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Ever do the drain plug double take? you know that sinking feeling: Did I insert the drain plug? Well, Seasense’s One-Way Plug is a new product to failsafe against your fading memory. This patented one-way transom plug is made from solid brass and easily installs in less than an hour. For testing purposes, I replaced an existing plug in my dinghy. The design is similar to a standard check valve and, when oriented low in a transom, will allow water to drain out but not seep back in. Before launching, I turned on the hose and poured in about five gallons of water. It drained without a problem. Then to prevent loss, I tied a length of light line from a stainless-steel eye I use for the outboard to the hole in the supplied brass 1/2″ plug and snugged it up into the fitting. Don’t try this on your boat, but after launching, I went for a short ride and took on a bucketful of saltwater. I opened the plug from the fitting to see what would happen and was gratified to find that the water drained. Leaving the plug out, I shut off the motor and when we lost way, no water came in.

Price: $10. Contact seasense at www.seasense.com.

Forward Thinking

We own a Donzi 33′ with twin 7.4L Bravo Ones. Recently, I came off plane while approaching a lock and tried to shift into reverse, but the port drive wouldn’t engage. The following day and for the rest of the season, it would shift fine when cold, but after a good run when everything was hot, it stopped going in reverse.

Denis Lajoie, Hawkesbury, Ontario

Look at the inner shift cable between the engine and the outdrive; it’s the lower cable on the shift plate at the engine. Follow it down from the engine past the lower exhaust bullhorn where it goes into the drive. If it looks worn, frayed or otherwise damaged, you’ve found the problem. If the cable looks okay, the problem is inside the drive itself.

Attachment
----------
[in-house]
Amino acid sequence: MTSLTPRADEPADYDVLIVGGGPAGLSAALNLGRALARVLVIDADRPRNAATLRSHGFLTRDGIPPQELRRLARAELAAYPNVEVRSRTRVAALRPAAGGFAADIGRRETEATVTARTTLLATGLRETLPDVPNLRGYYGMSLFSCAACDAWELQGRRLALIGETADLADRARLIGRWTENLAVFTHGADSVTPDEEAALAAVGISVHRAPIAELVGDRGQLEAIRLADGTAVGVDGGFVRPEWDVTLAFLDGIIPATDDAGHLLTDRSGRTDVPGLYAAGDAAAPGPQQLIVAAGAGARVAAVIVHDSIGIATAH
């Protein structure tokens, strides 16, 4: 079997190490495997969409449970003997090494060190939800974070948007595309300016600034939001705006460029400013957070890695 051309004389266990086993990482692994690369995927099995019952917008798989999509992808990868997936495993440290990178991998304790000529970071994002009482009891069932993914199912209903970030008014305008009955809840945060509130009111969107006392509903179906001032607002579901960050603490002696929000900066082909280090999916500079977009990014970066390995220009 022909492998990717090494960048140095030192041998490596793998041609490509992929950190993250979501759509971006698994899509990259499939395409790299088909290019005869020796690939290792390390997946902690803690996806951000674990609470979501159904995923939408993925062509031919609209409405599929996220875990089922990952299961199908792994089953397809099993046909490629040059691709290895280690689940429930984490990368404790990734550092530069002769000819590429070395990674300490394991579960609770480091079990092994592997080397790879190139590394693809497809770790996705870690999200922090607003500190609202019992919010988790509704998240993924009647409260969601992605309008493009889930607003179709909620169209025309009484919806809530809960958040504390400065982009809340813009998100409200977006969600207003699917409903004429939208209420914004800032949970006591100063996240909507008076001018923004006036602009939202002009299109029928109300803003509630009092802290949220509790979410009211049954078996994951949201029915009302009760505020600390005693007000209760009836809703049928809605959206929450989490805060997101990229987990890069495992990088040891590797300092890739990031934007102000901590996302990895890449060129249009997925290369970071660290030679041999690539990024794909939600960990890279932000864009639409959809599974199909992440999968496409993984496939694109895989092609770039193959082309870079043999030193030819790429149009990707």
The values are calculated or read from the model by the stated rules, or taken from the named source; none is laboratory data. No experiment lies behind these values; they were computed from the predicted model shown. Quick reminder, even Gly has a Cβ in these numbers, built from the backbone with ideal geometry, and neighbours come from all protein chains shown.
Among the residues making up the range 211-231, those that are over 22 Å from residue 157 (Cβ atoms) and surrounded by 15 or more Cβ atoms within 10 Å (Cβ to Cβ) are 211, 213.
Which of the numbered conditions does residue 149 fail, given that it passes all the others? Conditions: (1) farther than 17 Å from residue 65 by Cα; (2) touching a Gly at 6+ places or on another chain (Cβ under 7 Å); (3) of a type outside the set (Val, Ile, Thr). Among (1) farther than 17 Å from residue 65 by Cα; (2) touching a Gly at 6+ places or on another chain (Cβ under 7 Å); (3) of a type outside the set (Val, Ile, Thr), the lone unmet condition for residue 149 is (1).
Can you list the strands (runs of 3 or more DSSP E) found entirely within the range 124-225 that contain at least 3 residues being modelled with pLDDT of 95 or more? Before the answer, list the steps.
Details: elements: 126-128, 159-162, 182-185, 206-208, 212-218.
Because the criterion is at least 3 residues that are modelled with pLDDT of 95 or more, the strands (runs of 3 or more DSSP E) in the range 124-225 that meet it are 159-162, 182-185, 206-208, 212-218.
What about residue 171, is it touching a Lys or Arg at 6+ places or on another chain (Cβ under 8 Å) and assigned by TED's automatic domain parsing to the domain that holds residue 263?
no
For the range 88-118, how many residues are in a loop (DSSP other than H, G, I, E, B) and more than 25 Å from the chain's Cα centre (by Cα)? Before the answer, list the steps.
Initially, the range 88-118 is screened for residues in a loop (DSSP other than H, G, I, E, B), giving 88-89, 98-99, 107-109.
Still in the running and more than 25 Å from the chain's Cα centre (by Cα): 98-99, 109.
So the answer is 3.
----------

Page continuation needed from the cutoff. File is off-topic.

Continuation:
Stripped Bar

The first day out on my new boat I hit a sand bar. The only damage I can see is that the glossy part of the paint has come off the bottom third of the Mercury lower unit. Should I attempt to repaint it?

Tom Puett, Joliet, IL

Yes. Repaint it for corrosion protection, resale value, and aesthetics. Prime it with a zinc chromate-based material and then go to your Mercury dealer and get the proper touch-up paint to match. Otherwise you’ll go through anodes faster.

Unfaithful

My MerCruiser 350 is an enigma. If it sits for a week, it will run for 40 minutes or longer and then die, as if out of gas. Then it restarts and runs for a minute and dies again. Each time I restart, it runs for only a few seconds. A new fuel filter failed to help.

Robert B. Bishop, Dublin, OH

The engine will run for the first 40 minutes because the choke is delivering extra fuel to keep it going. If your engine has a Rochester Quadrajet carburetor, I bet that the problem is an air leak somewhere between the throttle plate and carburetor body. The gasket between the two may have a rip or tear that’s causing the leak. Patch the gasket with Permatex #2 gasket sealer, which is available at most auto parts stores.

GOOD FOR WHAT AILS YA

Tired of cleaning dead bugs off the radome? Before you leave home, wrap it in Saran Wrap. Rip the wrap away at the ramp, and the radome will be bug-free.